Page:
Home / Politics / Policy /  NGT bans immersion of plastic, POP idols in Yamuna in Delhi

New Delhi: A day before Ganesha festival begins, the National Green Tribunal (NGT) has banned immersion of idols made from non-biodegradable material like quick-setting gypsum plaster, also known as Plaster of Paris, or plastic in the Yamuna river.

“Idol immersion should be allowed only of the ones which are made from biodegradable material and not plastic/Plaster of Paris. Only those colours should be used on the idols which are environment friendly," said a NGT bench headed it its chairperson justice Swatanter Kumar on Wednesday.

NGT directed the irrigation department of Delhi and Uttar Pradesh to hold a meeting with the vice chairman of the Delhi Development Authority (DDA) to immediately identify the immersion sites.

Every year thousands of idols are immersed on ghats of Yamuna in Delhi and adjoining states like Uttar Pradesh on festivals like Ganesh Chaturthi and Durga Puja.

The NGT bench also sought information on whether the nine ghats of Yamuna in Delhi to be provided and maintained by the respective (municipal) corporations have been constructed and are being maintained regularly.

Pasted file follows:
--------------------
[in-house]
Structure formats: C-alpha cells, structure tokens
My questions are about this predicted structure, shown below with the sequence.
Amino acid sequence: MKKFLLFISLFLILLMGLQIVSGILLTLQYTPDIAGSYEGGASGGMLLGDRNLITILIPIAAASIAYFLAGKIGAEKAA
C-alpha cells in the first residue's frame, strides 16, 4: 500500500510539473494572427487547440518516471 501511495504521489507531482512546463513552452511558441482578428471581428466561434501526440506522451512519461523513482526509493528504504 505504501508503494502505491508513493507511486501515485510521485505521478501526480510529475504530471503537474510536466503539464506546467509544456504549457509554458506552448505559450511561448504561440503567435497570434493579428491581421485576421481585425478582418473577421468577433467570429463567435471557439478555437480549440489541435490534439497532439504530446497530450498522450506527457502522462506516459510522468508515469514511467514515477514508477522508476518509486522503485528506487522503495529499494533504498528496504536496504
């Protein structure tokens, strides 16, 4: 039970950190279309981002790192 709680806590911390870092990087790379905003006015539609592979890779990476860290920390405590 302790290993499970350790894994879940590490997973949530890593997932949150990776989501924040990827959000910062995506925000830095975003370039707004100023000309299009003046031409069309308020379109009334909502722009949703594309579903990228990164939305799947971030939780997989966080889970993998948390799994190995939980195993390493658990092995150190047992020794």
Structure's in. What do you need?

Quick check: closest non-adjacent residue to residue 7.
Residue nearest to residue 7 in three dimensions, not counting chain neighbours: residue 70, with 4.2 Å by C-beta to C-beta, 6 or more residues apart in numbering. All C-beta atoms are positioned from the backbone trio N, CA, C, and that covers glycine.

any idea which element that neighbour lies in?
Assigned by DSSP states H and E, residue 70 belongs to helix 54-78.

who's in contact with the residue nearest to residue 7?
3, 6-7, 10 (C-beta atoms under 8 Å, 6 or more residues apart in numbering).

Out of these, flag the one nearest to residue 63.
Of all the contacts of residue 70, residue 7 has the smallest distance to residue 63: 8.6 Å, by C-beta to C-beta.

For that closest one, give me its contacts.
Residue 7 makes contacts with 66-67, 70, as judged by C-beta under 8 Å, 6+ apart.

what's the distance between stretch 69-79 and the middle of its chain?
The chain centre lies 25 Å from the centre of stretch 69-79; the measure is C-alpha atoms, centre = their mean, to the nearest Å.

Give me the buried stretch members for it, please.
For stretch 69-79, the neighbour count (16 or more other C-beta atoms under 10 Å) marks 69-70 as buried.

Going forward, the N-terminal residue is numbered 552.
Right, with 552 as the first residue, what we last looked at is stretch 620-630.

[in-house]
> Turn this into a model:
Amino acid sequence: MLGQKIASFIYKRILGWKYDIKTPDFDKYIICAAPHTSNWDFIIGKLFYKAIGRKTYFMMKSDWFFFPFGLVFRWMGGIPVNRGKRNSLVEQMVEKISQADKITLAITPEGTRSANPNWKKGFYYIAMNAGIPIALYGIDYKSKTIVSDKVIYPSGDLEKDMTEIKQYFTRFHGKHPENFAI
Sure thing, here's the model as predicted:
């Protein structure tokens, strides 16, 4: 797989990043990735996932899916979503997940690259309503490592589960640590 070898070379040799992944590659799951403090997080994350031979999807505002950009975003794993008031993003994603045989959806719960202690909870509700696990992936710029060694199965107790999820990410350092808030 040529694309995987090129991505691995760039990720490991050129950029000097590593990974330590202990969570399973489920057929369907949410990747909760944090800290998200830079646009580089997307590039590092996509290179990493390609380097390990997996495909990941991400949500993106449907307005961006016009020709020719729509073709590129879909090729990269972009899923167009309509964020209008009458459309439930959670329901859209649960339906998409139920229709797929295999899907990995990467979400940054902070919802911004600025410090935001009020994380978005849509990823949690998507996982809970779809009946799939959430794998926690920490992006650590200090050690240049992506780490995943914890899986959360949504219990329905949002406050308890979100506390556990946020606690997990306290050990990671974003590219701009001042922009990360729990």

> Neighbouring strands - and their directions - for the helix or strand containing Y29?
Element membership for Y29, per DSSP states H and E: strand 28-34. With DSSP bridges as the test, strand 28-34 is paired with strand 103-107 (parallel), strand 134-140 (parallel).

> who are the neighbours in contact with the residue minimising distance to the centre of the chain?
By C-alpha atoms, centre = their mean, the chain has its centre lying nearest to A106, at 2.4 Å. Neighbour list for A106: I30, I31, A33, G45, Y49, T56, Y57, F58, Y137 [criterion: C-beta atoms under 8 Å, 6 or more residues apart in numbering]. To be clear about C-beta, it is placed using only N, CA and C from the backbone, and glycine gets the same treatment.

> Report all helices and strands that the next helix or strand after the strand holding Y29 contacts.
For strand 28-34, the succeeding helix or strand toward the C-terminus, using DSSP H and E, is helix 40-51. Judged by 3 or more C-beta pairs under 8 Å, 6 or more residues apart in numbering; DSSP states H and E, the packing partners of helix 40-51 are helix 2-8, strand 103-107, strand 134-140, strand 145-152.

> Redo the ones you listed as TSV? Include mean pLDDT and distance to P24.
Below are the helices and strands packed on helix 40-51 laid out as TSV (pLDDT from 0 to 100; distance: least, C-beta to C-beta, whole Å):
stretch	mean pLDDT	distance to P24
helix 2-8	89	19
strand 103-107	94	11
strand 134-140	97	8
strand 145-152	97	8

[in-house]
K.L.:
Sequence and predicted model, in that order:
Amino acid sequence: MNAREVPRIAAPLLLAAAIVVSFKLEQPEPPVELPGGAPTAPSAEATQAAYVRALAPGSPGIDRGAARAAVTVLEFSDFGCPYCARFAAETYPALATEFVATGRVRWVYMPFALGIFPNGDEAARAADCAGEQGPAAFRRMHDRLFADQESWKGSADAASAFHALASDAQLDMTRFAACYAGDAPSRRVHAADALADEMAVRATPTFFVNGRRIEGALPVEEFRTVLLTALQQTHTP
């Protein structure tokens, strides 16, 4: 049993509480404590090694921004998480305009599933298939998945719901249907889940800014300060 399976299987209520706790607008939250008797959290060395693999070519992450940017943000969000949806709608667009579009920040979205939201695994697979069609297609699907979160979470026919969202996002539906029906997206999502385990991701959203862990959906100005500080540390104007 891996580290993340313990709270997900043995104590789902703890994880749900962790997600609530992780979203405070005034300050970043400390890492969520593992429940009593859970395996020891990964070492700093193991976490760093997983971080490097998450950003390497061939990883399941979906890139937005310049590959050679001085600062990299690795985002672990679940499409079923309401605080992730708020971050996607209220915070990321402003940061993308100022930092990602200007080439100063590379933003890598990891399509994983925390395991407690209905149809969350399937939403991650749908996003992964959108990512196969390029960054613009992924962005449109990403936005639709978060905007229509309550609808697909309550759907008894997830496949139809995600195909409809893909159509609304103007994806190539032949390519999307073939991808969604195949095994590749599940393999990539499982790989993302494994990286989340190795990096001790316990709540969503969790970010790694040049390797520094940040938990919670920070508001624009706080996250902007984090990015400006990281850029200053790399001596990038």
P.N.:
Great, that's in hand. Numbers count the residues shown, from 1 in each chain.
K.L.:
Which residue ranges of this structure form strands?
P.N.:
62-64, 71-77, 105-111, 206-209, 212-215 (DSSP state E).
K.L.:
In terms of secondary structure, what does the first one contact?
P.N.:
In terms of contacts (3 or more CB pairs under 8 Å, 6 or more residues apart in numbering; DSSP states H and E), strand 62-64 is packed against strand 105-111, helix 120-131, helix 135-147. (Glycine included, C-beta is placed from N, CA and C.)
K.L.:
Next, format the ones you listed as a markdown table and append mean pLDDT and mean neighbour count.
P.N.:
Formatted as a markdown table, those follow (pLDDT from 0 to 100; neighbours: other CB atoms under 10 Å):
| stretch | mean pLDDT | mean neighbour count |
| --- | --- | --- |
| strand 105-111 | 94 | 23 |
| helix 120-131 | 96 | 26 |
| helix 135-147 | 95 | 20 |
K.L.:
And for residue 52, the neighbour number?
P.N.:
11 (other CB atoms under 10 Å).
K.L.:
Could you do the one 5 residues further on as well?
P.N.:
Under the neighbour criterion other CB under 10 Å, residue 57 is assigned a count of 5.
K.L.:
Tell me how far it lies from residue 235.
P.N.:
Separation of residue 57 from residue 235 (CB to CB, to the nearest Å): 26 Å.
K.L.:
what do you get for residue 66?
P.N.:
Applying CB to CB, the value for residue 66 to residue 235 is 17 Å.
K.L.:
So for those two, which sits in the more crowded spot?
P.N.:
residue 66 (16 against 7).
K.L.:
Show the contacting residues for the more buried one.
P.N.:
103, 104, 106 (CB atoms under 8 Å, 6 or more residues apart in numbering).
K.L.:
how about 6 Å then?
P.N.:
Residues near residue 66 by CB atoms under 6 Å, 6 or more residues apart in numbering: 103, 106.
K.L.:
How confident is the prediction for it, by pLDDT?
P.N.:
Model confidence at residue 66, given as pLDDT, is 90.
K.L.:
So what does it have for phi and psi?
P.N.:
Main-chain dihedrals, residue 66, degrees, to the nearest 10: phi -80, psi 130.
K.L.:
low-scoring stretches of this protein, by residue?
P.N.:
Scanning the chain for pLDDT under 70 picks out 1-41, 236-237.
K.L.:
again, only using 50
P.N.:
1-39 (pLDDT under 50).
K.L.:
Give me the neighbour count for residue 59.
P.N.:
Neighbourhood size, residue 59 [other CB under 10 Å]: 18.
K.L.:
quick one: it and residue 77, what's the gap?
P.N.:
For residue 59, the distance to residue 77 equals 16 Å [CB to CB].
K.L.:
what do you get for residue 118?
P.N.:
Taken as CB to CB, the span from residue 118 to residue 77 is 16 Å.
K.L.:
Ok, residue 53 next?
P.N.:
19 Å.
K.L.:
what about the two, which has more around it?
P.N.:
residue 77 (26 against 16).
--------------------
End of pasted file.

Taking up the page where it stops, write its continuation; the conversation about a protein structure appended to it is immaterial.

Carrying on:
“Whether such ghats presently have mechanism in place for ensuring that material does not flow into the river but is collected and recycled. It may be by use of mesh or by providing separate channel of water, as already directed by the Tribunal," the order noted.

The green tribunal said these locations must be widely publicized. It also directed the Delhi government to set up mobile toilets/bio-toilets at the ghats for the public.

NGT’s order came in response to a petition by environmentalist Manoj Misra, convener of the Yamuna Jiye Abhiyaan, an organization that has been working to clean and revitalize Yamuna for nearly a decade.

In January, NGT passed slew of measures under the ‘Maili se Nirmal Yamuna (from dirty to pure Yamuna)-Yamuna Revitalisation plan 2017" to check pollution of Yamuna. It had said that anyone found polluting the river by throwing in material, including religious items, will face a fine of 5,000 and the fine will rise to 50,000 for those dumping construction waste into the river.

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